What a pleasant gift it is to hear there is enough Bob Dylan music out there, officially released or otherwise, to keep us busy over the autumn and winter months. Spuriously Seventeen Windows, one of many complete and dedicated efforts from bennyboy, is a neat collection of these so-called unfinished masterpieces. Anything Dylan touched, to some, can be a masterpiece. Those with cooler heads and calmer hearts look at large periods and turn their nose. Empire Burlesque is a tough period to swallow, after all. But this is a broad brush to paint with on Spuriously Seventeen Windows. Nothing better than pouring what is left of the possibly out-of-date wine, kicking back in a chair which needs replacing and listening in, through tinnitus and all, to more Dylan tracks.
Opener Dirty Lie is – as most of these tracks are – a moment to consider how they did not receive a proper release. The electric guitar interlude is nothing shy of perfect, as are the lyrics. Dylan is in top form for this piece, and it is a crying shame it never saw the light of day. Other bits and pieces, hearing the clink of glasses and the crackle of old tapes on On A Rainy Day – presumably a way of listening back to test material – is a real treat. Dylan is not the only artist to have a backlog of unreleased material, but it speaks to how much he has to deliver when Spuriously Seventeen Windows is the slim tip of a massive iceberg. Snippets like I Can’t Make It Alone and I Can’t Leave Her Behind are easy little half-ballads to lose yourself to.
More complete tracks are available to those who wish for more than firm trimmings. I Can’t Leave Her Behind of course offers up a five-minute delicacy – a true delight of a track which hears Dylan plucking away at his acoustic guitar. Forgotten bits from hotel recordings, warm-ups and green room boredom come together with such a surprising theme to them. Covers and collected bits scrubbed with the usual Dylan quality. It highlights, more than anything, that there was still quality in this darker 1980s period – even if it was not on show in the recorded and released efforts. I Once Knew a Man shows this well enough. Genuinely tender at times, Spuriously Seventeen Windows does well to pace its collected tracks. If I Was a King is one of the finest unreleased tracks of any artist, let alone Dylan.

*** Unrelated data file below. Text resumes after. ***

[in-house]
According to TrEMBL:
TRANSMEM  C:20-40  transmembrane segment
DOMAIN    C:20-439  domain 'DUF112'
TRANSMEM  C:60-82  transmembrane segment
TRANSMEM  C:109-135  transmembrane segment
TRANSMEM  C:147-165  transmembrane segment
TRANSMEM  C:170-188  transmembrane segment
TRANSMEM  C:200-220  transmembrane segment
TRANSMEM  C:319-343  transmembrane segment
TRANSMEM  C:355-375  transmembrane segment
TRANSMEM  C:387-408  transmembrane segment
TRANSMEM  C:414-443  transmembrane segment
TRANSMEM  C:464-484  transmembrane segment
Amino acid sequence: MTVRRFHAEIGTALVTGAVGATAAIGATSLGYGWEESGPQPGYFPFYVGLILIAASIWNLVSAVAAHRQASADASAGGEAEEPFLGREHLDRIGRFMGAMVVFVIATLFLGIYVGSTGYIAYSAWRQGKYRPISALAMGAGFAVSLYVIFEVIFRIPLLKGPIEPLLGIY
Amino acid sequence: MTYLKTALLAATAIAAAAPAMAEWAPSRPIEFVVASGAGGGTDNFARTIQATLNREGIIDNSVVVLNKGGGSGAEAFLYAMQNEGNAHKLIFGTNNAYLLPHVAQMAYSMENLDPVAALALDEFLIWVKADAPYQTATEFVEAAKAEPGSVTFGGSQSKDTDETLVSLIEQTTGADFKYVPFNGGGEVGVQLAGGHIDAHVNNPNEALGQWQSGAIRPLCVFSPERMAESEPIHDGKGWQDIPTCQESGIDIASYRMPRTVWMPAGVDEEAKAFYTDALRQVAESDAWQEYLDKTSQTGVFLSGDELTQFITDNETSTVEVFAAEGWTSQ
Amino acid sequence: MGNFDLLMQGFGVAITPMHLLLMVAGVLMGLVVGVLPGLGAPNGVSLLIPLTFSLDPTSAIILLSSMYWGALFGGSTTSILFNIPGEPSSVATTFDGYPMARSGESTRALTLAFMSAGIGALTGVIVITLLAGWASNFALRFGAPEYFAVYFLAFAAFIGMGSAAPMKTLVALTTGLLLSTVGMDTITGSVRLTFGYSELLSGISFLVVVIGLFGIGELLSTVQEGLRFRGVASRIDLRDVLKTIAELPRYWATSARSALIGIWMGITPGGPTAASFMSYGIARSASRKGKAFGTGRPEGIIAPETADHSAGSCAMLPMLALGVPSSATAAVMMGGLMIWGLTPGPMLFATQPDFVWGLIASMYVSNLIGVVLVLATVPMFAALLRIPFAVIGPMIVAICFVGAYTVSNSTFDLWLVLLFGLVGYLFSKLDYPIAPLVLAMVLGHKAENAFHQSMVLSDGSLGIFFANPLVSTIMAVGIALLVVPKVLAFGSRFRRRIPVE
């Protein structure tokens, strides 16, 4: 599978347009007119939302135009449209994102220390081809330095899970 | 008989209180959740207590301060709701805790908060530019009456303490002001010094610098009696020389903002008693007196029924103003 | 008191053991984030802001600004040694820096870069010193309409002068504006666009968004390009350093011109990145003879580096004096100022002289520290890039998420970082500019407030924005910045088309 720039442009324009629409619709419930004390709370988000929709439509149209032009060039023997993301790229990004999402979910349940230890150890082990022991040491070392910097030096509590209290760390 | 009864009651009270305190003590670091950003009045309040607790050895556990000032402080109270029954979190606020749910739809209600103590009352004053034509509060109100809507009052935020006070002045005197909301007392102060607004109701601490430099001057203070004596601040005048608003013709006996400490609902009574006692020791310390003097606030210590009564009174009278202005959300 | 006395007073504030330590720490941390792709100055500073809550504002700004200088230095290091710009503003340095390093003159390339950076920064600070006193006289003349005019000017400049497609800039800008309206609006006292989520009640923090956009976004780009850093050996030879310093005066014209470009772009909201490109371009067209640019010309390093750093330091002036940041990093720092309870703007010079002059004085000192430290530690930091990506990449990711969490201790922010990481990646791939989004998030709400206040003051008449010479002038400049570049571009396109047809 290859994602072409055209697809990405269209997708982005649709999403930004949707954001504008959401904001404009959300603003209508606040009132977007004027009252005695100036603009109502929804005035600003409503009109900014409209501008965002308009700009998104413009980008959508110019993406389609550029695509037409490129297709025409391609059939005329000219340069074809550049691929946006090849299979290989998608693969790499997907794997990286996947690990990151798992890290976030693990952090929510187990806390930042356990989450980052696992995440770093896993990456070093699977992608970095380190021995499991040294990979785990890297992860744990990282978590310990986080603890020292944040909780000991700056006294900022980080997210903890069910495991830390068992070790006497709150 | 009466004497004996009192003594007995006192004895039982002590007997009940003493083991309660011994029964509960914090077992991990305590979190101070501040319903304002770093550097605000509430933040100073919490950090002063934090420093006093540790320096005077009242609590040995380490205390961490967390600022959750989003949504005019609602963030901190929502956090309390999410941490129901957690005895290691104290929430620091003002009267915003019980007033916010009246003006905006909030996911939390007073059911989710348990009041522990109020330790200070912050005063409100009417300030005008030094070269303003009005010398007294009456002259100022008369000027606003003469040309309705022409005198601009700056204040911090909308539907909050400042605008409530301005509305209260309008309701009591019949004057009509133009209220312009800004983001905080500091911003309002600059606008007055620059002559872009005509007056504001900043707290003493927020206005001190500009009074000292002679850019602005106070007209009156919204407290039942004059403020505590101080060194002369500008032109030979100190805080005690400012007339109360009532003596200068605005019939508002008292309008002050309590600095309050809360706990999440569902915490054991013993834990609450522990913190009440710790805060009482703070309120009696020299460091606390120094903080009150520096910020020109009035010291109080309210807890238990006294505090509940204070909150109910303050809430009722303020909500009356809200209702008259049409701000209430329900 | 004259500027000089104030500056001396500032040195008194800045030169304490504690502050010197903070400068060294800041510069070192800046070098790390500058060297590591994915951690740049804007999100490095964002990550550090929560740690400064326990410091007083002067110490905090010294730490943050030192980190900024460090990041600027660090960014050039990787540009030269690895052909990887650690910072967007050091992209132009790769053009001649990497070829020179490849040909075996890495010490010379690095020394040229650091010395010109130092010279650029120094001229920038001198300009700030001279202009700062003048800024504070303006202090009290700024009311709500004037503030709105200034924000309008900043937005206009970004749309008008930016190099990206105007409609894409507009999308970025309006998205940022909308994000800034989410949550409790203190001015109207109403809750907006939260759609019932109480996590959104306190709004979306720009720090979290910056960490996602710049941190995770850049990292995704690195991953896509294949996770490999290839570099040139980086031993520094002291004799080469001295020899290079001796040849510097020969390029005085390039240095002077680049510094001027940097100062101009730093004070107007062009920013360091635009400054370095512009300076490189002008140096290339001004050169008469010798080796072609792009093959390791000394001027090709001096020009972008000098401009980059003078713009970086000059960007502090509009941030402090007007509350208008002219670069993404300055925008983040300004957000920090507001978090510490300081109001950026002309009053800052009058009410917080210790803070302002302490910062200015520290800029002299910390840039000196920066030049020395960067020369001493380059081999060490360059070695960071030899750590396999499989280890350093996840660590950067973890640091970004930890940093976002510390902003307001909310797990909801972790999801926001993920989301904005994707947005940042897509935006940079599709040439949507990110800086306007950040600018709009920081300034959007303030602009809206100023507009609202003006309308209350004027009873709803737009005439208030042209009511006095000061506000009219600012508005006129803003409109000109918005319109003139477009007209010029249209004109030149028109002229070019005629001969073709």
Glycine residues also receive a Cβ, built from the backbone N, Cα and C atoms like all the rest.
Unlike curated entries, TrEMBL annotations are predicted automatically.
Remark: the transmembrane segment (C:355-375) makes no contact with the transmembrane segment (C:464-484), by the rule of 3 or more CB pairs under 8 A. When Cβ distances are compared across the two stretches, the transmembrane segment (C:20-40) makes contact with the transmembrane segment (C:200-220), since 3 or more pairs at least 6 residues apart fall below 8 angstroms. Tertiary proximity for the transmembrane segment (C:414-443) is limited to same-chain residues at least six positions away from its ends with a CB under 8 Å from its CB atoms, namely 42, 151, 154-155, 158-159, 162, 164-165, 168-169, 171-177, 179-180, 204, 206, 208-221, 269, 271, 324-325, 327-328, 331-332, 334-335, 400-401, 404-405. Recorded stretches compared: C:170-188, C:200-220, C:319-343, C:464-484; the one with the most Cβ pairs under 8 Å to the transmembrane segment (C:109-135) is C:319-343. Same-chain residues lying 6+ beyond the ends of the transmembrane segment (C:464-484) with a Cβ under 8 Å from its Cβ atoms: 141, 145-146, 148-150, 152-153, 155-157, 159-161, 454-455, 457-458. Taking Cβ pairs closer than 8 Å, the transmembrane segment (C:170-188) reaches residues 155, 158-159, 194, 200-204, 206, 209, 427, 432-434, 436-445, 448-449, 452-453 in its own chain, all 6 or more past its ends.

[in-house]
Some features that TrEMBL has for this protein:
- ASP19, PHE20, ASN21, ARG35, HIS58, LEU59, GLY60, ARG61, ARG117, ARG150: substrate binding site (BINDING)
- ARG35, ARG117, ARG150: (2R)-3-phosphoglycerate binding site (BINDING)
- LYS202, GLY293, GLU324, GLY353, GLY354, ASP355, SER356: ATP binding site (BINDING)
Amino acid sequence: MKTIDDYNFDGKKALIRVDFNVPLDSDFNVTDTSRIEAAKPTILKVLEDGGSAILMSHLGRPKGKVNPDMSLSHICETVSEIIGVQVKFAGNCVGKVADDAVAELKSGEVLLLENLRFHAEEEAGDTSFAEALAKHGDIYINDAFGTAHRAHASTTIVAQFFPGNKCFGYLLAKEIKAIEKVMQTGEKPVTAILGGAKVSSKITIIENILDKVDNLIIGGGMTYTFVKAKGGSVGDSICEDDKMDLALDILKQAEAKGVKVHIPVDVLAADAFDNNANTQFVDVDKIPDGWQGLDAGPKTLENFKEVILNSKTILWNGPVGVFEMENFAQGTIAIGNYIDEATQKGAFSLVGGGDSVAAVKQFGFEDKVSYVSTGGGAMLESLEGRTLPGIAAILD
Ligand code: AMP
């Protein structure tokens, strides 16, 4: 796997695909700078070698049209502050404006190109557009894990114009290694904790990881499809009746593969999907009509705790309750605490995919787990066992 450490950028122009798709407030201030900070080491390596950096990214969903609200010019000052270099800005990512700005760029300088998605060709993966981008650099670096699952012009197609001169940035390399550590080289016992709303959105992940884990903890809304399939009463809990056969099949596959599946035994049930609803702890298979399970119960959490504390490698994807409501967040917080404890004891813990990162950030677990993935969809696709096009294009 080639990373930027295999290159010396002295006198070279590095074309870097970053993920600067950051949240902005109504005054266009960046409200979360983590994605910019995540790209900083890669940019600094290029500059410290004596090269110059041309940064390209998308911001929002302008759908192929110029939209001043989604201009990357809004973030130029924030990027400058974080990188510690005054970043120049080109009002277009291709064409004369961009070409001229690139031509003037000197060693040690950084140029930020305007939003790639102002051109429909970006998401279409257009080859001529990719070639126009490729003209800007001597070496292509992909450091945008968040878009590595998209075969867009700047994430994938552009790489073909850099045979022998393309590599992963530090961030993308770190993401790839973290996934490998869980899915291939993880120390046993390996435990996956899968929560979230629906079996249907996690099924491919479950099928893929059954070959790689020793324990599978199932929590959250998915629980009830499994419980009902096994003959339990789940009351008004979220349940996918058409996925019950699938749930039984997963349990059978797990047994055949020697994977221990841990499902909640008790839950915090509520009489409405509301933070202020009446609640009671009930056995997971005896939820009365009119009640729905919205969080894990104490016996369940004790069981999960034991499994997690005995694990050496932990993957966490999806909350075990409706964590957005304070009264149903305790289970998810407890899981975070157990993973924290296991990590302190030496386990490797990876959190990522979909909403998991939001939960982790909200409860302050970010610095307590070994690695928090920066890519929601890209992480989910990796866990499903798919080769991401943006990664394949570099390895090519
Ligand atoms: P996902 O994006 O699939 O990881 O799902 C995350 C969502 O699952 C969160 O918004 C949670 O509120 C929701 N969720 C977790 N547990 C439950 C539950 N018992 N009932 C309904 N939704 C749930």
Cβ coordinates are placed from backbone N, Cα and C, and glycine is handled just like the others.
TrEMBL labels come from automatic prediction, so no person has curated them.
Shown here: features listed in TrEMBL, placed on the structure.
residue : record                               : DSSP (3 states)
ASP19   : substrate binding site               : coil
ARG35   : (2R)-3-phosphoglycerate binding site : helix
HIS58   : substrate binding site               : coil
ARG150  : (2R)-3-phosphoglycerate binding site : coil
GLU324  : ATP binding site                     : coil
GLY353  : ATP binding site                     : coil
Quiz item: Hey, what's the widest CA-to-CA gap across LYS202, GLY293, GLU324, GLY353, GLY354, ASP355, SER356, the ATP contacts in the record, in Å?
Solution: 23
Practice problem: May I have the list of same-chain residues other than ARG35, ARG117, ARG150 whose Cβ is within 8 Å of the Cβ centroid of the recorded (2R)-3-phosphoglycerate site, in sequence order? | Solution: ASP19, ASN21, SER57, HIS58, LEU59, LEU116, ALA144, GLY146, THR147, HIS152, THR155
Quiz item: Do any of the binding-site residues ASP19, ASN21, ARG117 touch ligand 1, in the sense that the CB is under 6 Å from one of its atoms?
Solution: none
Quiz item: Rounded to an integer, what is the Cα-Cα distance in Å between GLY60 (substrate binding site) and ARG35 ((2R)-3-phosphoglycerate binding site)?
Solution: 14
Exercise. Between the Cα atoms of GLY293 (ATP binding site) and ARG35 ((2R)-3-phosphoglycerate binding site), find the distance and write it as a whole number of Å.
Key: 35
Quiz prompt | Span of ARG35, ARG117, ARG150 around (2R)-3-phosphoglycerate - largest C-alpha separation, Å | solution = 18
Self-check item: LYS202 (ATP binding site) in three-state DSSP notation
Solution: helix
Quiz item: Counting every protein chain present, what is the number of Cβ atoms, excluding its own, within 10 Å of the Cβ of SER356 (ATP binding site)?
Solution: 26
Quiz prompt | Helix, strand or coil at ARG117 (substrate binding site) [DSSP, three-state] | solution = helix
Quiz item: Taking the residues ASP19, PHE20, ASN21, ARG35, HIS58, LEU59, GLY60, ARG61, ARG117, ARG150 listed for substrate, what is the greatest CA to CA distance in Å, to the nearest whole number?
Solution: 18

Collections and compilations of this variety are far more important than the usual Best-of-pieces released. Elvis Costello had a compilation of hits and still made time for some of his deeper cuts, as did Richard Hawley more recently. Spuriously Seventeen Windows is a compilation work for deep cut enthusiasts – those who want to hear the likes of I’m Not There and Is It Worth It in a state far from finished. It is all still listenable, that is the Dylan guarantee, but much of it gives away the magic of how these songs are constructed and pieced together. From slick basslines jutting out a little more to the intense electric instrumentals scattered throughout. This is a stellar piece to learn of Dylan’s craft, the bennyboy package here is a listen on par with the official Bootleg Tapes.